|For Shelters &
|Notes on Language|
|Labels & Language|
|For Dog Owners|
Creating successful adoptions begins before the adopters walk through your doors!
Want to increase the volume and the quality of “pit bull” dog adoptions? Then you’ll need to get things started off on the right foot. Before adopters even step through your doors, commit to sending clear, positive messages to your community about the “pit bull” dogs in your care.
Does your organization currently have restrictions, procedures, or polices in place that only apply to “pit bull” dogs? If so, you’re sending a message to the public that “pit bull” dogs are different than the other dogs in your shelter.
When the public is told that “pit bull” dogs are different, their fears and misconceptions are reinforced. This contributes to longer stays and fewer adoptions for the “pit bull” dogs in your care. As animal welfare professionals, it’s vital that we view every dog as an individual and communicate this message to the public by removing policies influenced by stereotypes or fear.
Instead of relying on blanket restrictions based on breed labels, get to know your dogs and their individual personalities through observations, their histories, and evaluations. Try to determine what they need to succeed in their new homes.
Some dogs will need more structured adoptions, while others will need no restrictions at all. The key is to make these determinations for each individual dog.
To make the best matches, observe the dogs in your care. Some dogs will need adopters with previous dog experience, while others will do great as a first time pet.
Rather than saddling “pit bull” dogs with restrictions that may not apply to them, get to know the dogs in your care. Observe and evaluate them interacting with other animals.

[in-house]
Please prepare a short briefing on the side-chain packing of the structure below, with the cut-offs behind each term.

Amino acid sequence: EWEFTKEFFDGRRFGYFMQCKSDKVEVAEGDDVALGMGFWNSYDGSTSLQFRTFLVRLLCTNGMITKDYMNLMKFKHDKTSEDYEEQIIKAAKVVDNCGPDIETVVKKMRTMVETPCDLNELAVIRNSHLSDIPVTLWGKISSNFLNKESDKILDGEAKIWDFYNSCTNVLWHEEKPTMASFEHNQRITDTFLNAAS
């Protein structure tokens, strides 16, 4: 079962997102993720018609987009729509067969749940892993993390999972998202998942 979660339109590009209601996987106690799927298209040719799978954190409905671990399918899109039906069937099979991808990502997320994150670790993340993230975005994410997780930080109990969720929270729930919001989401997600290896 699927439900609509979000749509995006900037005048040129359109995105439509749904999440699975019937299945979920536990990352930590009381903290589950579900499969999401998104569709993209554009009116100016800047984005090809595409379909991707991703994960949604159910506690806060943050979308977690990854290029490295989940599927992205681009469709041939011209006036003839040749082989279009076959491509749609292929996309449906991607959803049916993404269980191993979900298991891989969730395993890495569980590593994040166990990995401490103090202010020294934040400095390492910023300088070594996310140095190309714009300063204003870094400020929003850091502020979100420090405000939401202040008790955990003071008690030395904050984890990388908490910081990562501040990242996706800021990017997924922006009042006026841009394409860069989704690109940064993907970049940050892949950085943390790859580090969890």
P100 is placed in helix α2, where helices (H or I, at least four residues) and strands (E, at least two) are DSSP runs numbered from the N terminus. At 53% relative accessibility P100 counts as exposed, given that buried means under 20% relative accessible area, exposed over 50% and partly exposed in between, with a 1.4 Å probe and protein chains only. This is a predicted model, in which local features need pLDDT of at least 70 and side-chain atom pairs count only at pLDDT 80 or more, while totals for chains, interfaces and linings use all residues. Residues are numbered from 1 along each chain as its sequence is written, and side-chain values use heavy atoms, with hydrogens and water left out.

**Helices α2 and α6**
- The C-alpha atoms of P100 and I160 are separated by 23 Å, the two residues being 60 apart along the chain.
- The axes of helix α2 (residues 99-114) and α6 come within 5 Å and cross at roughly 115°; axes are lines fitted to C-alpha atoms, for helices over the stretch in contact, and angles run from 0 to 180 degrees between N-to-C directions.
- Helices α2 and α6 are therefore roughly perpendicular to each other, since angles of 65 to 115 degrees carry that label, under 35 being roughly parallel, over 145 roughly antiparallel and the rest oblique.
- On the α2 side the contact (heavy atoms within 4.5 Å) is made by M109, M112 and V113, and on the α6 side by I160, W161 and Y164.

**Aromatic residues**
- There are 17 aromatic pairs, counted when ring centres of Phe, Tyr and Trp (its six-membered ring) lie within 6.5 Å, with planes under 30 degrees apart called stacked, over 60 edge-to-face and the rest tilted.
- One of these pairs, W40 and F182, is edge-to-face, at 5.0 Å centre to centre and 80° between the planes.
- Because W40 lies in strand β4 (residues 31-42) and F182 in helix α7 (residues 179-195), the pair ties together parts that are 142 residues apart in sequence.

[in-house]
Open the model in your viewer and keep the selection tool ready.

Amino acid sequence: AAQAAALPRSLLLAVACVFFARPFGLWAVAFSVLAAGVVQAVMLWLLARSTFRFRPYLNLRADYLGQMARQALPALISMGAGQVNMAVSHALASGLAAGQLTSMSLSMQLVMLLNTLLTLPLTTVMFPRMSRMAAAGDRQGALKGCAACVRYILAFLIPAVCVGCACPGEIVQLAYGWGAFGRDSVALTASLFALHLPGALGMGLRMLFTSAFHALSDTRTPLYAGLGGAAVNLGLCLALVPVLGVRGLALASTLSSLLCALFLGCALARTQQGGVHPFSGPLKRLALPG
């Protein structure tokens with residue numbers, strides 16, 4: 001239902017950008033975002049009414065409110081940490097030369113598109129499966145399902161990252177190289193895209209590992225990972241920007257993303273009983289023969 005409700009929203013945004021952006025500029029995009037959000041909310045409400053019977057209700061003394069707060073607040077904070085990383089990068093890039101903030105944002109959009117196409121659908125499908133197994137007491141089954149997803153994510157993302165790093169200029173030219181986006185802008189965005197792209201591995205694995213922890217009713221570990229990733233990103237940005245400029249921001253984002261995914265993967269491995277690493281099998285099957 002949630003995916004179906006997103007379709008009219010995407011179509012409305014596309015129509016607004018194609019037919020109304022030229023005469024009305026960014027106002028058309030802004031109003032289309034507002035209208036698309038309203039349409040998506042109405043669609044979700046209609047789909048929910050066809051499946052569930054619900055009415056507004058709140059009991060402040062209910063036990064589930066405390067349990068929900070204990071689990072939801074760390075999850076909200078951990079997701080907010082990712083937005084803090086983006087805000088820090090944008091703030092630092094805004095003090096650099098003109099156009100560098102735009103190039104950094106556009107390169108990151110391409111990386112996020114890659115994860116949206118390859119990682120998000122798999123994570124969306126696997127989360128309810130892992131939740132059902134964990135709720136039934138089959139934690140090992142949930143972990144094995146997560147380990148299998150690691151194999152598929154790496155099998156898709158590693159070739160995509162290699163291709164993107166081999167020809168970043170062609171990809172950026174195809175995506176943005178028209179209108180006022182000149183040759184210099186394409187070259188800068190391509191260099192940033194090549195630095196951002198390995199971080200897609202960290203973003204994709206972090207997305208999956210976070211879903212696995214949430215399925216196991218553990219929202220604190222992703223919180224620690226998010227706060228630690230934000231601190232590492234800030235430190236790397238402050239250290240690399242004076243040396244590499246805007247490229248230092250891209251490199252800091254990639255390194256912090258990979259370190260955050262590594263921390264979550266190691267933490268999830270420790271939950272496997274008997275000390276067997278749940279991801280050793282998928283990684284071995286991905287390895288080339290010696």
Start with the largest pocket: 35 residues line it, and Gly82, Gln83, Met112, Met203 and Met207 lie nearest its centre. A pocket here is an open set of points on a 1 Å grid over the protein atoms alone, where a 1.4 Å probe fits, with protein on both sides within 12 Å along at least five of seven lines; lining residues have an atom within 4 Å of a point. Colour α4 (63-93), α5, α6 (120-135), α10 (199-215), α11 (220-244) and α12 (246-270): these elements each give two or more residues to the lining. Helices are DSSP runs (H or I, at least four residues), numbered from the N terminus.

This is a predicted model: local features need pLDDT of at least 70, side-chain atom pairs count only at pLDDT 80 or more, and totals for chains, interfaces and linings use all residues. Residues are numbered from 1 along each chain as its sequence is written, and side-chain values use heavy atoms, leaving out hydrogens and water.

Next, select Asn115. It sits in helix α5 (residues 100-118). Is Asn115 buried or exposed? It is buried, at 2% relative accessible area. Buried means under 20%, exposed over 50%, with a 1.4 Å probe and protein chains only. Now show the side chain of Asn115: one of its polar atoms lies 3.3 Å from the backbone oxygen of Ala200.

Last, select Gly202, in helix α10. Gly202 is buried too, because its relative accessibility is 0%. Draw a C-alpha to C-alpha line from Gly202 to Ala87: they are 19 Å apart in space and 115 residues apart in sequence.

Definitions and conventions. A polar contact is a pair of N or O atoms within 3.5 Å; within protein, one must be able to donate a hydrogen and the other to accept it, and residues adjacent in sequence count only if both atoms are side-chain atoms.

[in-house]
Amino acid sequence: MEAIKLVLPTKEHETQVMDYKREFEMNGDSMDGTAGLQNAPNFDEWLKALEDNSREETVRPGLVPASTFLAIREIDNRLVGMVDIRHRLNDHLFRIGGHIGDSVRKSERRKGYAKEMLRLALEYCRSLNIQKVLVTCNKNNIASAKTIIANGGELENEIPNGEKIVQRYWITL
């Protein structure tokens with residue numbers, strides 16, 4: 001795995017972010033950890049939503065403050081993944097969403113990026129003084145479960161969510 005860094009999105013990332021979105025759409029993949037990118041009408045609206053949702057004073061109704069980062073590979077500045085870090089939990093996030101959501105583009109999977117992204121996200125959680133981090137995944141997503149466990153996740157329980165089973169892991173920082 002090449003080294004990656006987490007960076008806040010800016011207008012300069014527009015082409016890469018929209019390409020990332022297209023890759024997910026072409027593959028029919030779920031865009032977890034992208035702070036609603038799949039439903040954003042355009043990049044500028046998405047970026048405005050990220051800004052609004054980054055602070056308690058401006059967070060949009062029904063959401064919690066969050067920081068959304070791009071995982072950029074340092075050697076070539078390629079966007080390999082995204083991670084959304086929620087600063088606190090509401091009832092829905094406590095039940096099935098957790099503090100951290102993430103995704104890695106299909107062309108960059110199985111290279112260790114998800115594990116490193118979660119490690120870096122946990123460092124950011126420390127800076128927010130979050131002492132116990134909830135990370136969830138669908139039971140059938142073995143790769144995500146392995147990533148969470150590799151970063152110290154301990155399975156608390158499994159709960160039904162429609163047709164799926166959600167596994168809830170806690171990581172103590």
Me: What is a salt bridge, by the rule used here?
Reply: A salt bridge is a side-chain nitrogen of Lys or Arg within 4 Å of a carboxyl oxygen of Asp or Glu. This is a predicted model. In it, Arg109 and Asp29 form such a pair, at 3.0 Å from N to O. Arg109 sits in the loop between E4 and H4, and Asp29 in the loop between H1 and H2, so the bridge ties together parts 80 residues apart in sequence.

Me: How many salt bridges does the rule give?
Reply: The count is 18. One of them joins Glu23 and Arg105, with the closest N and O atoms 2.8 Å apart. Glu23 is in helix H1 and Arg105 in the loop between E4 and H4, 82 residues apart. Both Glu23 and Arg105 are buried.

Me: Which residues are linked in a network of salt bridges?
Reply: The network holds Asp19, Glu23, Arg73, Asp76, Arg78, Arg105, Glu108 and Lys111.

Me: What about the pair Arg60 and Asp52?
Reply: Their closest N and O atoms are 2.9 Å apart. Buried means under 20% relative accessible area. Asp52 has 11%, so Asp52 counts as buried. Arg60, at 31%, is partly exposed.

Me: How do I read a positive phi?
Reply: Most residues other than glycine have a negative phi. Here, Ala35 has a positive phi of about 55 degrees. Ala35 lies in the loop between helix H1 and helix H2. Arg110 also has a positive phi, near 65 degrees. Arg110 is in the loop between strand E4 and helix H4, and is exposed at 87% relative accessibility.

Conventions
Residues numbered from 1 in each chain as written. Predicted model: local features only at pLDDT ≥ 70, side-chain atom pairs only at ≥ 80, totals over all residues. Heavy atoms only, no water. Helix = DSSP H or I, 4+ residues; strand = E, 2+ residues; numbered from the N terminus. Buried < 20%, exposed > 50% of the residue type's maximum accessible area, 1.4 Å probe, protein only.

Set dogs up for success in their new homes by providing the tools that new families need to properly manage them around their children and/or other pets.
This extra layer of screening sends the message that “pit bull” dogs are different from other shelter dogs and it stigmatizes families interested in adopting them. Don’t put the public on the defensive by requiring background checks or other policies that presume suspicion.
With a customer service model in mind, be respectful of potential adopters and aim for an open dialogue. When there concerns about a particular adopter, it should be handled as a unique incident.
Treating potential adopters and available dogs as individuals allows for the greatest possibility of success because it takes the needs and preferences of each dog and each family into account.
The following excerpt is from an article in Best Friends Magazine:
"There is no discrimination at LHS, regardless of breed, age, or size. All of our dogs go through the same assessment system," she says.
Sarah explains that the staff and volunteers are well aware of breed discrimination, and they hope to educate the public that dogs should not be judged by their breed, but rather by their individual personality.
Now that you’re treating your adopters and your dogs as individuals by getting to know their unique needs, how do you make a successful match?